Andrew Bibby



Andrew Bibby is a professional writer and journalist, working as an independent consultant for a number of international and national organisations, and as a regular contributor to British national newspapers and magazines. He is also the author of a number of books.

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The European Company (SE) and Nordea

This article by Andrew Bibby, in a slightly different form, was first published in World of Work, 2004

The debates and discussions took many years, but the European Union's plan to allow multinational companies to incorporate as ‘European Companies' is about to become a reality. The statute, together with an accompanying directive covering worker involvement, was passed in October 2001 to come into force three years later. From October 2004, therefore, a brave new experiment in company governance will get under way. Companies will be able to operate across the EU with one set of rules and a unified management and reporting system.

Europe has looked back to Latin to name these companies, which will carry the suffix SE, standing for ‘Societas Europeae'. SEs can be established in various ways – for example, by the merger of two or more EU-based companies or by the creation of joint holding companies or subsidiaries. Individual companies may also choose to transform themselves into SEs, if they already have an established presence in more than one EU member state.

The creation of the SE framework in 2001 heartened enthusiastic Europeans wanting to reinforce the Union 's ability to operate more effectively across national boundaries. But what nobody could predict then was how useful it would prove to be. Would many – would any? – companies make the transition?

The news that the Scandinavian bank Nordea is to convert into an SE has more than local relevance, therefore. The company, the result of recent mergers between banks in Sweden , Finland , Denmark and Norway , announced in June 2003 its intention to convert the four national banking groups into a one-bank structure. Nordea hopes to have completed its move to an SE by the end of 2005.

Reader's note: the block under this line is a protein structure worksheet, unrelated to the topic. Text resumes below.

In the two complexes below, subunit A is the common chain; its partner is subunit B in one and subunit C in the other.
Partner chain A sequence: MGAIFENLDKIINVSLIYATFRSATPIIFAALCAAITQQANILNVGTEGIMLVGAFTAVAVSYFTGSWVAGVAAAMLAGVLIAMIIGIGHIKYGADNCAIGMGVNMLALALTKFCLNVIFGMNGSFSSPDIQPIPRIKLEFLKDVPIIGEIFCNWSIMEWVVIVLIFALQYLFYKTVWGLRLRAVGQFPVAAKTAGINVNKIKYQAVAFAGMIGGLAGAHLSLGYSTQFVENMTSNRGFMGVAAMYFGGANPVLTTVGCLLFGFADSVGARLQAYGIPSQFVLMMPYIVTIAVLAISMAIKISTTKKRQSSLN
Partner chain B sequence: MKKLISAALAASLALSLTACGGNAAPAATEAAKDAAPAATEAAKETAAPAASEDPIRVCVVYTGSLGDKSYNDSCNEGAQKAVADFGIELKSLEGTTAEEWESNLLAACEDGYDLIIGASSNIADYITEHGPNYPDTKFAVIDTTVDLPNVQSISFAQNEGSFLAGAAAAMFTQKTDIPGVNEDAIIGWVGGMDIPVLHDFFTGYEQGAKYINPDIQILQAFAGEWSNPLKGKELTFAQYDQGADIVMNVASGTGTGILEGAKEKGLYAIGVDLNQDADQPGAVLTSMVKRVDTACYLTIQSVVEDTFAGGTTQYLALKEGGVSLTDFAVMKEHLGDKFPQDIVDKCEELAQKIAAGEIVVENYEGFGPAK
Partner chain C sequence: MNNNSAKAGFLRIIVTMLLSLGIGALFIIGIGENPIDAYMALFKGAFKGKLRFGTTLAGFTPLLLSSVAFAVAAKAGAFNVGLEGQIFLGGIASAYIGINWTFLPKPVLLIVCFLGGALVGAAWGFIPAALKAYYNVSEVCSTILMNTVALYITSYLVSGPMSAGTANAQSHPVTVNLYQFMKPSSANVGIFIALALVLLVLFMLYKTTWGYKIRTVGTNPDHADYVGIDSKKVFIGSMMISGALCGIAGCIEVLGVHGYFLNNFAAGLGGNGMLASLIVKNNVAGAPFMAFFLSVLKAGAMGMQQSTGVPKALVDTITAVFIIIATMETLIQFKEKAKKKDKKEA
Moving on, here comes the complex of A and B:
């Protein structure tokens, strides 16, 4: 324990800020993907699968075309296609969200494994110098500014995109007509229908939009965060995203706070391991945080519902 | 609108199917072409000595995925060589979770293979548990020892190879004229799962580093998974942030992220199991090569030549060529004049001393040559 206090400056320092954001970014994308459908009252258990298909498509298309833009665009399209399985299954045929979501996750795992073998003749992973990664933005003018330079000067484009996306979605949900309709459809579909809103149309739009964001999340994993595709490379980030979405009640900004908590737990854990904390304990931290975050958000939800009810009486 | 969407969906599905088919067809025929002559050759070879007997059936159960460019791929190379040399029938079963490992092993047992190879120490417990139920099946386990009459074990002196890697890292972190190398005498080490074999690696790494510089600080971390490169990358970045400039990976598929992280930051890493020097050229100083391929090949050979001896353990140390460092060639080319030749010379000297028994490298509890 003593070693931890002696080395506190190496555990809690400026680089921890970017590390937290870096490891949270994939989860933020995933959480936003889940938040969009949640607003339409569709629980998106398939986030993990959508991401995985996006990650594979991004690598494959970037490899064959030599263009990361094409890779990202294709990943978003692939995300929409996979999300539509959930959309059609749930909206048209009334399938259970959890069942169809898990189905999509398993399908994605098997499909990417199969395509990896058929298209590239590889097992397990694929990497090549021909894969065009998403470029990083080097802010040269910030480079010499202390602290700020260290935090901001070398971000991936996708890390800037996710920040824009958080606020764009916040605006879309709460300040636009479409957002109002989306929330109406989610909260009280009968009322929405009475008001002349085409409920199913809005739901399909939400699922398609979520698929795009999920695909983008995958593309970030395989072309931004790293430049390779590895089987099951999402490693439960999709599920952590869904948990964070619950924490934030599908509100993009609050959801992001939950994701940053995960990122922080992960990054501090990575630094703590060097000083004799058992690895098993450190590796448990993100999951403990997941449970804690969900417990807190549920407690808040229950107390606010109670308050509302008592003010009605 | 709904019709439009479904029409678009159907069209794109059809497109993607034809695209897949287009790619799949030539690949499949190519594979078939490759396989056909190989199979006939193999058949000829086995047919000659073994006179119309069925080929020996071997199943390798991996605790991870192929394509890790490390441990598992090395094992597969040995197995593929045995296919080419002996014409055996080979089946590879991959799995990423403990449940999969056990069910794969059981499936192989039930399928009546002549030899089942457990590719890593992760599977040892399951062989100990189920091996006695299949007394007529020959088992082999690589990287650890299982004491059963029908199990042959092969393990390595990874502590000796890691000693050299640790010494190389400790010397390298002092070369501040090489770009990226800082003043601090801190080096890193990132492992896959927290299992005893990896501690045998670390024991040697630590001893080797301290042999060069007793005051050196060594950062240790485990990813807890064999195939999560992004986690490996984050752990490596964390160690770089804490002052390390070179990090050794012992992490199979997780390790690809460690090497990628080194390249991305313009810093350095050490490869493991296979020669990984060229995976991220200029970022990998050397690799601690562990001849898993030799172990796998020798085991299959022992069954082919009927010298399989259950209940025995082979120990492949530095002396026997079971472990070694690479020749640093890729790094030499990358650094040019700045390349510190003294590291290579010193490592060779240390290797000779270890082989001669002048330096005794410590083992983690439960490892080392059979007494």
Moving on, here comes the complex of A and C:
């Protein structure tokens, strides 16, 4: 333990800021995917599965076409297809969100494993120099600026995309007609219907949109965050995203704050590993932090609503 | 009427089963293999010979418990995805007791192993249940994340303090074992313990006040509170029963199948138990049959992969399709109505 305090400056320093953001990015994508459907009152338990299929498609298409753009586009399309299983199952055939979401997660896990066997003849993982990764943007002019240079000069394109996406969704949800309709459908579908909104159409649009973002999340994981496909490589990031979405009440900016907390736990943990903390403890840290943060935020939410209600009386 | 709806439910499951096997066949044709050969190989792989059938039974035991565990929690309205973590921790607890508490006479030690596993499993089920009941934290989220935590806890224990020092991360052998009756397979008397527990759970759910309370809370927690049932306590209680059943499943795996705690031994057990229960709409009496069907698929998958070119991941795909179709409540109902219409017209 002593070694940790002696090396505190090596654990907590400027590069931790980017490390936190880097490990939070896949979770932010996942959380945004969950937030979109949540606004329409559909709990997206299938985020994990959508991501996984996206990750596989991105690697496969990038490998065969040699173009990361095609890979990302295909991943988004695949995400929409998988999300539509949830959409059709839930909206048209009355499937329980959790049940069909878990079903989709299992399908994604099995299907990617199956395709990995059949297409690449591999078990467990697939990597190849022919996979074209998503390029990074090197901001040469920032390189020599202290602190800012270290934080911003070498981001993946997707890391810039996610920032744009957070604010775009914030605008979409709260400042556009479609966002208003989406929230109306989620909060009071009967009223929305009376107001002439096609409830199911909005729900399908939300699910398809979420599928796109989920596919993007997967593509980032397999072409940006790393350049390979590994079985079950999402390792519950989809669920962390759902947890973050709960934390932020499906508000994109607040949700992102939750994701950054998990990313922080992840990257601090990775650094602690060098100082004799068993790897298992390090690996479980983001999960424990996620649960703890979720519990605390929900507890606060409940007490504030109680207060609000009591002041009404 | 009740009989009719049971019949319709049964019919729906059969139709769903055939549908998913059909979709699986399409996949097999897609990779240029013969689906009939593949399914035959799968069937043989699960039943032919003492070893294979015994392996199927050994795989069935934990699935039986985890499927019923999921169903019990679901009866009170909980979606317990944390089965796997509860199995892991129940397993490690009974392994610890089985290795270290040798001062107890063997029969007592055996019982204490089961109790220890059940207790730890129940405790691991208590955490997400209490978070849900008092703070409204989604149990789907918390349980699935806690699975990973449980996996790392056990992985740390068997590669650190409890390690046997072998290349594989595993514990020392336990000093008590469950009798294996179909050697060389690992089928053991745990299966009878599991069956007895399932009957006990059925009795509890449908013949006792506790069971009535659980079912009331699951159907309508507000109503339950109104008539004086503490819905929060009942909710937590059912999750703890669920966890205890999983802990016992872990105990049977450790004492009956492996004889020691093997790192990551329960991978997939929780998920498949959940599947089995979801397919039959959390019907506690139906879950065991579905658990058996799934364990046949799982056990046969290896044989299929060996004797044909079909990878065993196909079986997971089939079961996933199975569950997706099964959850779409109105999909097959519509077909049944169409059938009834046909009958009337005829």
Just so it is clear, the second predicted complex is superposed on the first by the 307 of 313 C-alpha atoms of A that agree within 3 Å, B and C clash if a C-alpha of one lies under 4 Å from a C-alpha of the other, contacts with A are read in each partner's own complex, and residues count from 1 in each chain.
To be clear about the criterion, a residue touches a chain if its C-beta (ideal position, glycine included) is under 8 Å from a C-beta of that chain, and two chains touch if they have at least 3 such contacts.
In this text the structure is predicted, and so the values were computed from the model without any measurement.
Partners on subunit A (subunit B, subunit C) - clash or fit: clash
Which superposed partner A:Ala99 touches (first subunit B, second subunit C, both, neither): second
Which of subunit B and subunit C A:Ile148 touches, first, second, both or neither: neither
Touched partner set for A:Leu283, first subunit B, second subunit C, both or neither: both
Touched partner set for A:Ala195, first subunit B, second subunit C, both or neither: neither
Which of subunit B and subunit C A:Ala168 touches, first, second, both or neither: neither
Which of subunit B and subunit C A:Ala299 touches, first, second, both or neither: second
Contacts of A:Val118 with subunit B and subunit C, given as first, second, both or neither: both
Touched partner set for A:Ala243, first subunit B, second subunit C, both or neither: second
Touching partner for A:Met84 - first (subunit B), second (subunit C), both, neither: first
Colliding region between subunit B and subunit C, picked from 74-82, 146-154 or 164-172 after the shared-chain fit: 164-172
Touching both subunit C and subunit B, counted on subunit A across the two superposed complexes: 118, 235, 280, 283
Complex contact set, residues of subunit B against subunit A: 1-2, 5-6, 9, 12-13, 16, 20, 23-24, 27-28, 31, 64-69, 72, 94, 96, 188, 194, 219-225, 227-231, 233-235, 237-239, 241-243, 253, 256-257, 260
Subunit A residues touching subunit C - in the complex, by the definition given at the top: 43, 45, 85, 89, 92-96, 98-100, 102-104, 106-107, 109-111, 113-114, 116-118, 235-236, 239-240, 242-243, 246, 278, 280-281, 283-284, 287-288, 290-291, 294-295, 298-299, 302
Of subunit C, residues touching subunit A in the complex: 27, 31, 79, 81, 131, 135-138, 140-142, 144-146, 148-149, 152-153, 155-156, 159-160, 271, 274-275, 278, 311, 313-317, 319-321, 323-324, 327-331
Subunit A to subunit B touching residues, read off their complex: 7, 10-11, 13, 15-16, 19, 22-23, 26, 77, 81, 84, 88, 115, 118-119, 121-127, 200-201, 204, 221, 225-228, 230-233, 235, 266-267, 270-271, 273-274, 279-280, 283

The company has complained that its current legal structure, straddling four nations, has proved unhelpfully complex. “The change will lead to improved operational efficiency, reduced operational risk and enhanced capital efficiency,” Nordea's Group CEO Lars G Nordström said, in announcing the decision.

Nordea's conversion to an SE poses some fascinating questions for trade unions, who see this as a vital test case for any subsequent SEs. Unions and management have been given, in the EU's Directive on Worker Involvement in the European Company, detailed and quite complex procedures for negotiating the way in which employees will participate and be consulted, which in some respects differ from the well-established rules on creating European Works Councils. For example, companies planning to establish an SE must take the lead in initiating negotiations with unions, through the creation of a Special Negotiating Body. Nordea's management and unions are likely to be the first in Europe to put these procedures to the test.

Fortunately, there is a strong tradition of social partnership within Nordea. Since 2001, Nordea has operated a Group Council, with four management and eight union representatives, who meet four times a year. The Group Council's mandate is to improve the bank's performance “by encouraging dialogue between management and labour union representatives and thereby creating a productive working environment”. Nordea has also established a series of Business Area Consultative Committees, which also operate at transnational level.